Can a volunteer be too involved in their work?
Need is constant and concerned human beings want to fill the need.
Most volunteers will not encounter a situation that demands truly heroic action or sacrifice yet they impute such importance to their work they can overextend themselves.
Volunteers often get involved past their capacity of time, experience and skill. Subtle influences of ego are involved. We may be asked to take on a prestigious position, we may see the offer of awards or recognition, we may seek to have influence or power.
There’s also the emotional ‘high’ of volunteering. Volunteers feel good so more volunteering means more good feelings until the demands are so great other areas of our lives suffer.
Let’s face it; most organizations encourage ever-increasing commitments that can press us beyond our limits. Most organizations have poor controls to prevent this.
Volunteers can unwittingly push themselves to a point of crisis. They become disillusioned, they become discouraged, they get ‘burnt out’.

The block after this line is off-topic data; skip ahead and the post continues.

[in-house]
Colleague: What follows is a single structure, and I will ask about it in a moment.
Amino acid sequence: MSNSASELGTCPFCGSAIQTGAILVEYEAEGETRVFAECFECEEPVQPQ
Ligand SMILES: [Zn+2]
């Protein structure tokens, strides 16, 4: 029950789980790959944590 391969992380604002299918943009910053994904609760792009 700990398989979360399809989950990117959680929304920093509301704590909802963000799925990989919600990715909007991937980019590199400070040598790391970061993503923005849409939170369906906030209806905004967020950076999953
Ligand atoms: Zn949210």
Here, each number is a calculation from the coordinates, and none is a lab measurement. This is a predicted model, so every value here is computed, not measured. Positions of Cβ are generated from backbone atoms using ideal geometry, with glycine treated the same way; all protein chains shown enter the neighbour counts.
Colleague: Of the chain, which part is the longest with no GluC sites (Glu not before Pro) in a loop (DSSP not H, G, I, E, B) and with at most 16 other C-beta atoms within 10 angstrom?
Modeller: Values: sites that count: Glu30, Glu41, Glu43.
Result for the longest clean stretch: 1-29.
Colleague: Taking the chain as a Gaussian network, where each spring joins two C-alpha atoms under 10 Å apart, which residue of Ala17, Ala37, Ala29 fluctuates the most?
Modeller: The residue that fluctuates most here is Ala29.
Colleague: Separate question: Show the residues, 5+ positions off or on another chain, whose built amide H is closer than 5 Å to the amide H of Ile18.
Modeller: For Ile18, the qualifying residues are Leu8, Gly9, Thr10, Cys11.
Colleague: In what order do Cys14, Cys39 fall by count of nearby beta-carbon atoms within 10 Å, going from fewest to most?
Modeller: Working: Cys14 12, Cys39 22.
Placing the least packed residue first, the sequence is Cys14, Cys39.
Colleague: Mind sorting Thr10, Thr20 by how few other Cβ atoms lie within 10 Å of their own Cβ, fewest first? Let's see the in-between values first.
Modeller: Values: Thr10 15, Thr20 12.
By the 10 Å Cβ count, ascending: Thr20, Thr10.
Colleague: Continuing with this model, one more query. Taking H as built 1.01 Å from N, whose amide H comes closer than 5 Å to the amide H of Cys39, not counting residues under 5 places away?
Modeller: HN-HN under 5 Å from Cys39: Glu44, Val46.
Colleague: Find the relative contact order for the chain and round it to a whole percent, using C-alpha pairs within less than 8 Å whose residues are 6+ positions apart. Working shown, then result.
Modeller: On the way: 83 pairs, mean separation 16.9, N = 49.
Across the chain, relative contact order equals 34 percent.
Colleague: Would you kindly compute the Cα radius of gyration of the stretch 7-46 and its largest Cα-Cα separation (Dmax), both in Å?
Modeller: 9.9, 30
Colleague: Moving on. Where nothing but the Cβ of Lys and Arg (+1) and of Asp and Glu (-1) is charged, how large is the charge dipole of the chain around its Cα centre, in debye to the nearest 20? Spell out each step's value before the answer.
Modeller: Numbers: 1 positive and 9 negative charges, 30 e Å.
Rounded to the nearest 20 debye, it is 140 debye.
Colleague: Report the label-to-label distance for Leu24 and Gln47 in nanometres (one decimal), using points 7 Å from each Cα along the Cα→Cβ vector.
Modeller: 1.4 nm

Crisis leads to re-evaluation resulting in scaling back or leaving the work altogether.
If you are approaching or are already in the burn out stage reflect on these questions:
1. WHY – Refocus your effort. Why am I involved, what is the aim of my involvement and how does that coincide with the aim of the organization?
2. WHAT – Identify your strongest contribution. What do I do best, what yields the greatest advancement of the work? What is the area of endeavor that gives me the greatest joy?
3. HOW – Develop a plan. How will I move forward to apply myself to the work? How will I set limits to involvement that keep my work vital and valuable?
Big hearted people with a keen sense of social responsibility start volunteering unaware of the powerful draw it can have on our hearts, minds and resources. .
Need is constant, it was there before you and it will be there after you leave. Rationally we know that we cannot fill all the need, but our hearts sometimes tell us otherwise.